PORT OF PENSACOLA

The Port of Pensacola, located on Pensacola Bay has a history which dates back to 1528 when Panfilo De Narvaez, with a fleet of crude vessels landed at Santa Rosa Island, across Pensacola Bay from the present site of Pensacola. This was just 36 years after Columbus landed in the Western Hemisphere. Twelve years later in 1540 Hernandex De Soto chose this site as his base of exploratory operations in the Western Hemisphere.

King Phillip 11 of Spain dispatched an expedition of 500 soldiers and 1,000 colonists under command Of Don Tristian De Luna . to colonize the area. Their landing here was effected in 1559. On September 19, 1559 a month and four days after their landing a hurricane destroyed De Lunas' fleet. The colony was abandoned in 1561. First white settlement on North American Continent lasted 2 years.

In 1698 Don Andres D'Arriola reestablished Pensacola. The next half century saw repeated attacks by the French and Indians until the attackers were successful in blowing up Fort San Carlos and, burning the town of Pensacola. The Governor then rebuilt the city on Santa Rosa Island where in 1754 the city was again destroyed by a hurricane, after which the city was reestablished at its present site.

It was during the year 1743 that the first commercial cargo of record was exported from this port. This cargo consisted of pine and pitch products, wood masts and spars for sailing vessels. Tne shipment was made by the Spanish for the Havana Company.

In the late 1770's the British were exporting $500,000.00 annually, in furs traded from the Indians, and indigo which was grown in the province of British West Florida.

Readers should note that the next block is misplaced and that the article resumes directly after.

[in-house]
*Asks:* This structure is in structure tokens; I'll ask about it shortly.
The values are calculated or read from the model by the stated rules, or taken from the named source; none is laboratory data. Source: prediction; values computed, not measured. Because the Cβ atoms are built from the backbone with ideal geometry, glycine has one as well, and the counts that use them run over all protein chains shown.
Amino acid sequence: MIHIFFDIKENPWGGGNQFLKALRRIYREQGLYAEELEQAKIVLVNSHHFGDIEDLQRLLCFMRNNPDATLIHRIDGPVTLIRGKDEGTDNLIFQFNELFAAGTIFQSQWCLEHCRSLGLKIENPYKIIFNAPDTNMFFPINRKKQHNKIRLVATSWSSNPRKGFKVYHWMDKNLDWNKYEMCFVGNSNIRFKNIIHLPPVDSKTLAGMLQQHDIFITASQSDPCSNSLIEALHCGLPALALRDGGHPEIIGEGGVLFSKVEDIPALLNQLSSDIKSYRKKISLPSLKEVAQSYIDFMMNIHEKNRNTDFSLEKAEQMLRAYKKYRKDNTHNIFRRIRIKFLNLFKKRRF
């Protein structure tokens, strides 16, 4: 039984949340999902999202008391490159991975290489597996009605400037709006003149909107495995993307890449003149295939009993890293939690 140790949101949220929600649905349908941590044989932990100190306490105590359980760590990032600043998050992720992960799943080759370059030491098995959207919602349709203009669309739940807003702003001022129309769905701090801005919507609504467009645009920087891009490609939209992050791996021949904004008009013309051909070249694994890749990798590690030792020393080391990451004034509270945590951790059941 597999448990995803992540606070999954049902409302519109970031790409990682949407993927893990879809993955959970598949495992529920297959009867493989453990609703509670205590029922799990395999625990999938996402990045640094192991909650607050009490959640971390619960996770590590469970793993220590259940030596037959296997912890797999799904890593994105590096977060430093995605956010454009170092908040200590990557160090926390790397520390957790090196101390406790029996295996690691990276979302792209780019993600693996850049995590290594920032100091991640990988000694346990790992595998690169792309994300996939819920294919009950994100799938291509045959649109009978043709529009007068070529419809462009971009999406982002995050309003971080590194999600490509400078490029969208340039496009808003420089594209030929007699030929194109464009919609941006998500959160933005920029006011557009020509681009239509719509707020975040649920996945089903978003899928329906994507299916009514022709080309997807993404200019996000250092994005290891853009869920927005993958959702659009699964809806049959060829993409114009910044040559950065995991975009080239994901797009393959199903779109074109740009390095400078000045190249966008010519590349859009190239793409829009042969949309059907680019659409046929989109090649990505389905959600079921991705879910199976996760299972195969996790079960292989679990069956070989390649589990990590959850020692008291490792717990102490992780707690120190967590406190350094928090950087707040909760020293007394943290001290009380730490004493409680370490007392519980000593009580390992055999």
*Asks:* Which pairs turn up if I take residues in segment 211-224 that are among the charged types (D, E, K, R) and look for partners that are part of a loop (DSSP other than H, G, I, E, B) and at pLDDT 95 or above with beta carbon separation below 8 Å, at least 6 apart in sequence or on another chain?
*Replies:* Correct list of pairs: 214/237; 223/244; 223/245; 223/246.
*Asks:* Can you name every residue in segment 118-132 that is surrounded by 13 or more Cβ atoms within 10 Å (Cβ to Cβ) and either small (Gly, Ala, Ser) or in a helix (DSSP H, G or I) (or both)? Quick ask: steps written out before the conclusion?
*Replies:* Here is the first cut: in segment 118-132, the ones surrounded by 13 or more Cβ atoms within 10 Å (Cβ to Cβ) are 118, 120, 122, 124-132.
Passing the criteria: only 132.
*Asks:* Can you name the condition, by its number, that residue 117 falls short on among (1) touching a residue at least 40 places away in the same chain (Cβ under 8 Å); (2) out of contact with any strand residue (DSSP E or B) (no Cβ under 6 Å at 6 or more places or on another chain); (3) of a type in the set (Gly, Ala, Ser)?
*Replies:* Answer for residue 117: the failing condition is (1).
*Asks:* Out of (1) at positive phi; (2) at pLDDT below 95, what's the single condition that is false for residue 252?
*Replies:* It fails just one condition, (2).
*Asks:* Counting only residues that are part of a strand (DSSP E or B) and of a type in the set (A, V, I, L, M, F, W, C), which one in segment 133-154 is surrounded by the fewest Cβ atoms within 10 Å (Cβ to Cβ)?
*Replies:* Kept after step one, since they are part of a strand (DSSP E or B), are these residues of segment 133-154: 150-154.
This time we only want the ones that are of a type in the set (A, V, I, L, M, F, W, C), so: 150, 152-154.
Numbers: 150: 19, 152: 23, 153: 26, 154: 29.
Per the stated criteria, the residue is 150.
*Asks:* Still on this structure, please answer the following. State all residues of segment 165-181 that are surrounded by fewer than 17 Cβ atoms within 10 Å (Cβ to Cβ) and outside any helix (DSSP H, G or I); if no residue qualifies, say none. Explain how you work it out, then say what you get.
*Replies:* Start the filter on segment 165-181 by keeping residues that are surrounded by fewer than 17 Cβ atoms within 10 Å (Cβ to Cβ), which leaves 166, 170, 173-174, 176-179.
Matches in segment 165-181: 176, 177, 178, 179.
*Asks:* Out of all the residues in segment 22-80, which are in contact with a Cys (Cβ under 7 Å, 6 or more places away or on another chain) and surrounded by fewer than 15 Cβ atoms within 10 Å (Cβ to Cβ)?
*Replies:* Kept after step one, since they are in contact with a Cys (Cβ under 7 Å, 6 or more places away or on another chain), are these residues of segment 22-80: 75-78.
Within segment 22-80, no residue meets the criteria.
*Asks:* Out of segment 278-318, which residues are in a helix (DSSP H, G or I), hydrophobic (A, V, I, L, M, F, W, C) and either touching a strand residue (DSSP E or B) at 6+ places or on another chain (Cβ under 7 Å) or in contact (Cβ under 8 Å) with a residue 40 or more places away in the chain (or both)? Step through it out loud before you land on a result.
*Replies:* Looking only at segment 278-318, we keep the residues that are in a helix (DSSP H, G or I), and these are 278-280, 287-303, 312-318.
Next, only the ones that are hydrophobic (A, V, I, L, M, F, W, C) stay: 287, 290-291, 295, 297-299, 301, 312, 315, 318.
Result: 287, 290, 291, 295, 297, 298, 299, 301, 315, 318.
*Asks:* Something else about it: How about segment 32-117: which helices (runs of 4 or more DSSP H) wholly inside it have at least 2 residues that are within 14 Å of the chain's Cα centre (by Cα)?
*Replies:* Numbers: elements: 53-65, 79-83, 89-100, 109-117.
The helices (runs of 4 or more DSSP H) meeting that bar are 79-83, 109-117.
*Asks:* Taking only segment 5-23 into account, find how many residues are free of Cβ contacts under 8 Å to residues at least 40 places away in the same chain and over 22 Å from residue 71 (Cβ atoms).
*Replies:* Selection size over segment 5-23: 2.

The first private import-export business of record is that of the Panton Leslie Company who had established trading posts at Pensacola and St. Marks in Florida and Mobile, Alabama. The company started operations in the late 1770's but were not officially chartered ad licensed to operate trading post until 1784 when they built the first commercial dock at Pensacola and commenced their import-export trade with England.

During the following years the Panton Leslie Company continued to grow. The first available records of that company record that in 1797 they had the following imports and exports:


     Imports

	Brick	        10,000	      Vermillion       200 PDS
	Copper Kettles	   155	      Wine-casks	84
	Limberg  	354 1/2 PCS   Wine-box	        40
	Shingles	33,000	      Linsey-PCS	60
     
     Exports
	
        Cotton	        696 PDS	      Logwood	     24,328
	Cowhides	162	      Skins & Furs  213,430
 

The import-export trade of the Panton Leslie Company was carried on with their associates in England, Scotland and Ireland. Although records do not indicate the weights, yellow earth was exported in quantity to New Orleans where it was in demand for coloring houses.

From this it can be seen that the port from its earliest days has truly been an international seaport. Exports and imports remained at a constant level for the next 20 years when brick manufactured in the Florida-South Alabama area commenced to move through the port in great quantities in 1828 and continuing to increase until the 1850's.

In 1826 the first of many saw mills were built in the Pensacola area. These mills supplied yellow pine for export in the coastal trade until 1851 when the sailing vessel Queen of the Seas departed from Pensacola with the first foreign shipment of lumber to leave this port.

The potential of pine lumber as an export item was quickly recognized and in 1859 there started a dock building, activity along the waterfront that saw no less than 14 docks constructed for the lumber trade.